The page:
CD Review: Muse — The Resistance

[ 0 ] September 23, 2009 |


The Resistance
Warner Brothers

By Eileen Tilson

The odds are fairly good that Matt Bellamy probably
is not sleeping very well. Plagued with problems, real or imaginary, Bellamy’s
world is filled with back alley government conspiracies and apocalyptic
endings, which he so descriptively portrays in his Muse’s fifth studio album,
The Resistance. Muse is declaring war and rallying up their cult-like
fans to follow them into battle, knighting Matt Bellamy as the immortal crusader
out to warn the public of impending doom. 

Although songs like their industrious single
“Uprising” continue to prove this introspective trio can still create a larger
than life sound, the lyrics are pompous in nature, with Bellamy prepping himself
for stadium sing-alongs: “They will not destroy us/We will be victorious.” Past
Muse albums were infused with psychosexual love ballads, such as “Plug in Baby,”
that bordered on the musical insanity line that most bands would not attempt to
cross. On Resistance though, Muse is not breaking any molds, and instead
of writing thought provoking songs, the album is large in sound, in order to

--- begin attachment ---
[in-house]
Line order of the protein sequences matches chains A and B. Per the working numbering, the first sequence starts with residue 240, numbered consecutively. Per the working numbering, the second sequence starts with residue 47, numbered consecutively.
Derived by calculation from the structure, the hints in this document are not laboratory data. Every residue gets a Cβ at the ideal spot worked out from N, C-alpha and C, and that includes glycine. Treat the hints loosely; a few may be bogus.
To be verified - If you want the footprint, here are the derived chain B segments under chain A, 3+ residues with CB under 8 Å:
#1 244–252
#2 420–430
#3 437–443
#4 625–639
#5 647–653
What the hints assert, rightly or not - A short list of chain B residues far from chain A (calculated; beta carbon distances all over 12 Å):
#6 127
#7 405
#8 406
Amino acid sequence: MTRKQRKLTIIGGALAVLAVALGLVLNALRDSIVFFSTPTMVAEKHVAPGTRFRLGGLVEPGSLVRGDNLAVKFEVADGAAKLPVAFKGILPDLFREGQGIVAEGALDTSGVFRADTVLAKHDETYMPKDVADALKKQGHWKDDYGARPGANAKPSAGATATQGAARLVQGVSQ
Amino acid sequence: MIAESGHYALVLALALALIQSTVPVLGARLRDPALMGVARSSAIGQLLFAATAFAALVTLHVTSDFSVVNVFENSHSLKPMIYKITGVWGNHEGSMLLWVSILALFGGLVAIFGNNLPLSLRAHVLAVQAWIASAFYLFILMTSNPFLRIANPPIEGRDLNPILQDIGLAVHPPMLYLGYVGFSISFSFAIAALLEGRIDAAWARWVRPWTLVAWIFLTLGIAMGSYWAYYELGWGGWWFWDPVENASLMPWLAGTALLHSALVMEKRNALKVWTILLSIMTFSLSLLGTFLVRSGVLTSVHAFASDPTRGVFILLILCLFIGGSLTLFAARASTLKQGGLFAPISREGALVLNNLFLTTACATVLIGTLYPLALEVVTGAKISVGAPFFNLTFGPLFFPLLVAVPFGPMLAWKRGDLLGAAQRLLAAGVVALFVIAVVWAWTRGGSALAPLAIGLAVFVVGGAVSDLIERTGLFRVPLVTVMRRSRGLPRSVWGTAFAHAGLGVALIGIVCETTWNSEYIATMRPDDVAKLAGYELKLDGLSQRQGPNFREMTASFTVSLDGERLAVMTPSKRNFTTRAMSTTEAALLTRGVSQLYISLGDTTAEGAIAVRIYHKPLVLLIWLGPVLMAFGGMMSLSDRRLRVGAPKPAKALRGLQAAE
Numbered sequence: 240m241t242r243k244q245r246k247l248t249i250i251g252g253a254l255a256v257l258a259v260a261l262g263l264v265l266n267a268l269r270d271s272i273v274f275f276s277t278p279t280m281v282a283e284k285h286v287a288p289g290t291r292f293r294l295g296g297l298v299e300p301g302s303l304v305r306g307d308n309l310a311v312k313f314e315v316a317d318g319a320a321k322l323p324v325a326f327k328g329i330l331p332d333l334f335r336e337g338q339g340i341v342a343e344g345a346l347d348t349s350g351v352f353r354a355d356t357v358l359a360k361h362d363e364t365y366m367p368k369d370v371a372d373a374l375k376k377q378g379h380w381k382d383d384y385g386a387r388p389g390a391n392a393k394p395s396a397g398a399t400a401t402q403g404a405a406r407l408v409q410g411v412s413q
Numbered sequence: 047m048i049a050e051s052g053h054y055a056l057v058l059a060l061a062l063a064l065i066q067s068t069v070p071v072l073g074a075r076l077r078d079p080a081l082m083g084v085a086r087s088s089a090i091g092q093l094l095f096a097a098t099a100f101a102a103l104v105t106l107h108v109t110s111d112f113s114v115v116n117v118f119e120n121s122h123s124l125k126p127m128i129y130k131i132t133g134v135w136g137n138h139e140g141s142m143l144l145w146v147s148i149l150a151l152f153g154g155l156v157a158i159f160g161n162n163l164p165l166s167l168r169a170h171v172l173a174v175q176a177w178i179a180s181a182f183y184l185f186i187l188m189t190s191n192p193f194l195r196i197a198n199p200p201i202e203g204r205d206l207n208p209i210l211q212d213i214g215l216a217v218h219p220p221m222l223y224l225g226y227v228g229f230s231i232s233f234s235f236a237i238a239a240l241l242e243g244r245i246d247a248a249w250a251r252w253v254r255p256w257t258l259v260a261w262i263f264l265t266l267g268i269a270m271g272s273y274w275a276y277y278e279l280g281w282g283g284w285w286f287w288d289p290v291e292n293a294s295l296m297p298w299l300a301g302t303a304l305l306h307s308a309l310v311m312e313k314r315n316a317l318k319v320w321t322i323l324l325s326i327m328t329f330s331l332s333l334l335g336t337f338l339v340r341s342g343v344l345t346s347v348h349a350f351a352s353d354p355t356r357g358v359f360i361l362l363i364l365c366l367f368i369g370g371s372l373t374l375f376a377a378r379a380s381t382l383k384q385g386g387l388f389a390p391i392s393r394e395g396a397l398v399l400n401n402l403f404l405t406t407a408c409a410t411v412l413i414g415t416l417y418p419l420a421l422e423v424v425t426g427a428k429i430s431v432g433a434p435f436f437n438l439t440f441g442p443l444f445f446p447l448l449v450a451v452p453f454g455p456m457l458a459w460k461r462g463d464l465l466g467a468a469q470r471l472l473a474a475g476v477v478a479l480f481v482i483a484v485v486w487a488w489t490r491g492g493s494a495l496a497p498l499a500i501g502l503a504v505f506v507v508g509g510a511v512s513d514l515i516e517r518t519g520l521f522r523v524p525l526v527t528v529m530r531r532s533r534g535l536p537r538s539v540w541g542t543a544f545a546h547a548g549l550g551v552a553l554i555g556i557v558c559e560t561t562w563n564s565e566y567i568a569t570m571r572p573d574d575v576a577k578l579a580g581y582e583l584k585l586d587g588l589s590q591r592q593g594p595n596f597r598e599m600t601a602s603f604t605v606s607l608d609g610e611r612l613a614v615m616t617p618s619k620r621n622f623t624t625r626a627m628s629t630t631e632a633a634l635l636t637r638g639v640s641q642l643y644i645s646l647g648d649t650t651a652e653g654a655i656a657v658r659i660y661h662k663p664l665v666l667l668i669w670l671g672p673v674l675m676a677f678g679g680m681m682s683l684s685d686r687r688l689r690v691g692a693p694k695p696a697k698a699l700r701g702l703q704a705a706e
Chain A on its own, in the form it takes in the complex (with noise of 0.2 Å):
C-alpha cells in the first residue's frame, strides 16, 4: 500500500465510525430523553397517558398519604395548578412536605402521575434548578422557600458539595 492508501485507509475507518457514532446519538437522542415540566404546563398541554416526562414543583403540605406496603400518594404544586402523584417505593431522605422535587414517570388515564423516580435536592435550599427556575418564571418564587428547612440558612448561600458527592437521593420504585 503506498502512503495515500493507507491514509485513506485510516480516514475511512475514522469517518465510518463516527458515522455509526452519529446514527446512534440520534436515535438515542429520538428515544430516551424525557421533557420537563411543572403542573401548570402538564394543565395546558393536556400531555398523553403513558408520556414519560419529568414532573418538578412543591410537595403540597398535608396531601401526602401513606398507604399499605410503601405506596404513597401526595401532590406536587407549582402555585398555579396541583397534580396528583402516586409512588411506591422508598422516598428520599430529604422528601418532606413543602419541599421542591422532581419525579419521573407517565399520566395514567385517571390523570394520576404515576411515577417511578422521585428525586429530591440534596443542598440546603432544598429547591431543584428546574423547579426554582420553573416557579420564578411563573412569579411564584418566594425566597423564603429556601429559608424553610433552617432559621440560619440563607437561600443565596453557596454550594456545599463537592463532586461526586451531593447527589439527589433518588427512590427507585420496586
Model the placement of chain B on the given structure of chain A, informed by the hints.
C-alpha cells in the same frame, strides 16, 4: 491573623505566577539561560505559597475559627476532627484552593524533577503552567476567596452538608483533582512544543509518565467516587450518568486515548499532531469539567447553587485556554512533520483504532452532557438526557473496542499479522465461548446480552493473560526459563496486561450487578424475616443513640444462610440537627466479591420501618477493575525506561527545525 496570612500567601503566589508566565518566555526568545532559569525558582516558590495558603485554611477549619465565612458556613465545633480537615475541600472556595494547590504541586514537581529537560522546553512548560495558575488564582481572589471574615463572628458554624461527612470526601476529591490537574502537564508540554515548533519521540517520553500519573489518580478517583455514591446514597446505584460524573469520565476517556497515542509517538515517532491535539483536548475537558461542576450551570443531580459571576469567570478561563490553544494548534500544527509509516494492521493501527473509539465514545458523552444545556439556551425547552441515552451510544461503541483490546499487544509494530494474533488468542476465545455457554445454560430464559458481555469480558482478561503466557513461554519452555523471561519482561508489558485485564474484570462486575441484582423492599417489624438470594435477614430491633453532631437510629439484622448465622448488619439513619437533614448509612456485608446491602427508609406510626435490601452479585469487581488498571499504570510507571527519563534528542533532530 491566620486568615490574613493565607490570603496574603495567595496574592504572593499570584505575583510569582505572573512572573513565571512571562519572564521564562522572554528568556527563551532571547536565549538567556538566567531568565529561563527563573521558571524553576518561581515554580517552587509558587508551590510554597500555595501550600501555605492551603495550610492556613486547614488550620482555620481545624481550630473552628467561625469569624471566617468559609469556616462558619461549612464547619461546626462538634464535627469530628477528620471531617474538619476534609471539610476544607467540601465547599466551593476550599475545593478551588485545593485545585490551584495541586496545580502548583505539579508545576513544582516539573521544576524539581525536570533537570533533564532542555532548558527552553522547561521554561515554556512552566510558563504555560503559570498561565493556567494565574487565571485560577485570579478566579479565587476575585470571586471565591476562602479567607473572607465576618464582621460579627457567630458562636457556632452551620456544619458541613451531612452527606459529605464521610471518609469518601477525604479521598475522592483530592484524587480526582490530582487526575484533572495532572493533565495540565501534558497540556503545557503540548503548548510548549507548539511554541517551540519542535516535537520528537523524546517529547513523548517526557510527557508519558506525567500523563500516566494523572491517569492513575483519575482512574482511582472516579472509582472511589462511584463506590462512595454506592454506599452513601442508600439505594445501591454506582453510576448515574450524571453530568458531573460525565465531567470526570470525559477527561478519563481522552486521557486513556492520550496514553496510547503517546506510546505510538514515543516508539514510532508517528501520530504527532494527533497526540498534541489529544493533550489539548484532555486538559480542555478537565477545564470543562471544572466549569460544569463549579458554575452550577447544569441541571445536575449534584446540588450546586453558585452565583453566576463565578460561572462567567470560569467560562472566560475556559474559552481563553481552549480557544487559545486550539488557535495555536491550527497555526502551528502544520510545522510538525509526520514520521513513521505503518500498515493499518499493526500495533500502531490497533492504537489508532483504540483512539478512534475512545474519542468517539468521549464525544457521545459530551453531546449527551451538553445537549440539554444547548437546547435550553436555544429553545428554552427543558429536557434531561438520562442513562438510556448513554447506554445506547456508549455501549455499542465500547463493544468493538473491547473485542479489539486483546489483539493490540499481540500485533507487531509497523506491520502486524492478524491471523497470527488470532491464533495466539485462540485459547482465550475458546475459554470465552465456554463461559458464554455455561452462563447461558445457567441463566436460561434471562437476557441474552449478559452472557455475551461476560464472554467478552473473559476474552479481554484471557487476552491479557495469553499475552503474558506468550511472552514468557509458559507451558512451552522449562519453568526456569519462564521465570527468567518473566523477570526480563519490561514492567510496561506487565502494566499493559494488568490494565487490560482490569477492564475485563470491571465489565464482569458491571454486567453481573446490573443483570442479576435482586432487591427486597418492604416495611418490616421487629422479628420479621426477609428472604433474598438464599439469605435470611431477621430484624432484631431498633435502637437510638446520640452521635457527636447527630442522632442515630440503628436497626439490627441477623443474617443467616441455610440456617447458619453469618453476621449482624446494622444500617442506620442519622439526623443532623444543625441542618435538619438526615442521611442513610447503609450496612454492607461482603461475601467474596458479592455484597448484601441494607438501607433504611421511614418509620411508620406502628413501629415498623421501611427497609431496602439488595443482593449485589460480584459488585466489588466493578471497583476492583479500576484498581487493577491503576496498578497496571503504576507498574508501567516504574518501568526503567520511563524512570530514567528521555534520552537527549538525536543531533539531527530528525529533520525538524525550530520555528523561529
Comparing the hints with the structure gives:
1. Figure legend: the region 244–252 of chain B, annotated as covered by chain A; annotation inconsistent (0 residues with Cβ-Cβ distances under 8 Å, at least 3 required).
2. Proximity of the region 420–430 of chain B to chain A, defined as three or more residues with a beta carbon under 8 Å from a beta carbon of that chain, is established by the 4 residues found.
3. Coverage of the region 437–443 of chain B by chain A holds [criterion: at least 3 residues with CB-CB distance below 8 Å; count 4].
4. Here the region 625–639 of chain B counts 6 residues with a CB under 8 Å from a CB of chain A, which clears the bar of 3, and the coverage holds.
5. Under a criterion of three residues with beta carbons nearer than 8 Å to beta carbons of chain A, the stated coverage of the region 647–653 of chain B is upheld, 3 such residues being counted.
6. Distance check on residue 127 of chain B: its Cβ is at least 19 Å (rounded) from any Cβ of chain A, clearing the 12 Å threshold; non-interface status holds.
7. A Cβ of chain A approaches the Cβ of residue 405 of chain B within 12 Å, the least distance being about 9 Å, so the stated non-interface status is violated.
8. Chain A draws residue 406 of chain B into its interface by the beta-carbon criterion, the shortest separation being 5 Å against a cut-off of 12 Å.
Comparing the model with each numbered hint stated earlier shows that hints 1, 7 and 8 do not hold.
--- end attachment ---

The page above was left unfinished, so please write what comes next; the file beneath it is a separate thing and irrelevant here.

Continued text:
overshadow the shallow lyrics. The band blatantly borrows from progressive
musicians like Radiohead, Depeche Mode and Queen without adding to the musical
creativity and thoughtful prose.

There is no doubt Muse are musically talented; the
album is perfectly strung together, and the orchestrated sound is over the top,
bombarding eardrums with classical piano, bilingual lyrics, concert hall
percussion, and coronet solos. They are also exquisitely capable of moving
between prog rock choruses and excerpts from Chopin's "Nocturne in E Flat Major"
within the same song, with amps, of course, on the verge of explosion. The
album closes with Sir Bellamy’s own three-part symphony dubbed “Exogenesis,”
posing the unanswerable questions, “Why are we/Who are we?” Although this
would be the perfect soundtrack for the end of the world, at the end of the day
Resistance makes for better video-game background music than an artistic


Category: CD Reviews, Gigs

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